Cyber espionage poses very real risk to critical infrastructure
- 10 February, 2017 06:16
As technology has become more sophisticated, the battlefield has shifted increasingly from the physical to the digital. With cyber war now being fought on a global scale, there is more onus than ever on security, and too many organisations (and governments) are failing to take the threat as seriously as they ought, especially when it comes to defending critical infrastructure.
When it comes to cyber attacks against critical infrastructure, we aren’t just talking about accessing an organisation’s sensitive data, but literally shutting down cities, financial systems or water supplies, to name just a few possibilities.
The scope of the threat is only likely to grow as we continue down the path of digitalisation. It is no longer enough to defend and react if you are breached. Taking a ‘bad-guy’ approach is a massive step forward when tackling attackers in the world of cyber espionage.
Espionage is a critical thread in the fabric of policy decisions. Every nation spies, from the global superpowers to tiny island nations. Learning what your adversaries and friends will do before they act presents a critical advantage to any society. Traditional spying evolved to meet the rapid increase in the affordability and near instant exchange of information using the Internet.
Spies also needed to evolve to steal information from databases, where before they primarily recruited sources to abscond with paper secrets. As espionage evolved, spies necessarily became hackers. During this evolution, nation states realised that the near anonymity of cyber espionage launched from a virtual and borderless world made it easy to attack.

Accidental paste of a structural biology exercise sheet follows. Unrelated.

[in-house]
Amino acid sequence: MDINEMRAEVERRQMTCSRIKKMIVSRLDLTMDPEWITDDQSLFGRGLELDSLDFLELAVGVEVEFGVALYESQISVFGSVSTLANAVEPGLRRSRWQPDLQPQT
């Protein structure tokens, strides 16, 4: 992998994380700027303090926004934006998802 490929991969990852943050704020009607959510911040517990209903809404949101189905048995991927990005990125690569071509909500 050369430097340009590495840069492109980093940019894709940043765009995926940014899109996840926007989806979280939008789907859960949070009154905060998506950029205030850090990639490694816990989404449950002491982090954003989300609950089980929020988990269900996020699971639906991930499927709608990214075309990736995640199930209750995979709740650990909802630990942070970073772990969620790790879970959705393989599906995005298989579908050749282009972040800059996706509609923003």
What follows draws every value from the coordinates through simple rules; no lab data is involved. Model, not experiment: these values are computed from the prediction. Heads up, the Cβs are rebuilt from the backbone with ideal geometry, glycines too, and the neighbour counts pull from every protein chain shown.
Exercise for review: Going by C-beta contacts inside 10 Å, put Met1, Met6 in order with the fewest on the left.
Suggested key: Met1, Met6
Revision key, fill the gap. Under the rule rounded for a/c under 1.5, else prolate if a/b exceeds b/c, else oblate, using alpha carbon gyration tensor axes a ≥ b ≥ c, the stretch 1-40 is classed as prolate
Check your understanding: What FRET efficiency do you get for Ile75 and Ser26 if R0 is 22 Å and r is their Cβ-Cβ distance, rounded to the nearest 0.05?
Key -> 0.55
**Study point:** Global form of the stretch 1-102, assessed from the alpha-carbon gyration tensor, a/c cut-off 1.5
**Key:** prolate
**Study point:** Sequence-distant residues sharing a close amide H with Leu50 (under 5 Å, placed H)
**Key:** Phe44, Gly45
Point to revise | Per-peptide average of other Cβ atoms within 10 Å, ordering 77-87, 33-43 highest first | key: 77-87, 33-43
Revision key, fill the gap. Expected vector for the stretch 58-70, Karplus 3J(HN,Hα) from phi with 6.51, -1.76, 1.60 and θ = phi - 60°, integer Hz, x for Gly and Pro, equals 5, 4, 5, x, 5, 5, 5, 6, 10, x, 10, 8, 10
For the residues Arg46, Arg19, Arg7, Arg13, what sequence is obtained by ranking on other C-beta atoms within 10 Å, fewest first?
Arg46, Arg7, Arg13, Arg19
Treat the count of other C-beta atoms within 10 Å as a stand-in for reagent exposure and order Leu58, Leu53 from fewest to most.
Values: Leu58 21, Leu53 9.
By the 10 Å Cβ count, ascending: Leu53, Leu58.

If information is the true global currency, a country like China or Russia can improve its economy by stealing trade secrets, intellectual property or pre-launch business decisions that affect global markets.
Today, cyber espionage is booming. Nation states recruit computer programmers, engineers and scientists into military and intelligence agency hacking clusters that are well-funded, provided with cutting edge equipment and operate with a high degree of deniability because of the difficulty to attribute attacks.
They are able to leverage traditional espionage trade craft to launch cyber attacks that compromise targets and steal information, often without the targeted group knowing for years.
As cyber espionage continues to swirl in the public’s consciousness, it is critically important that our leaders take the threat of a cyber attack against our critical infrastructure seriously. To date, we’ve really only heard lip service when it comes to cyber security.
A very real fear is that cyber security will become a highly politicised issue and nothing will get done. As lawmakers battle for power in Washington, our adversaries will continue to covertly uncover secrets and, when the time is right, launch an attack that has widespread effects. If we wait until such an attack occurs before preparing, we not only risk falling behind as a global superpower, but also human lives.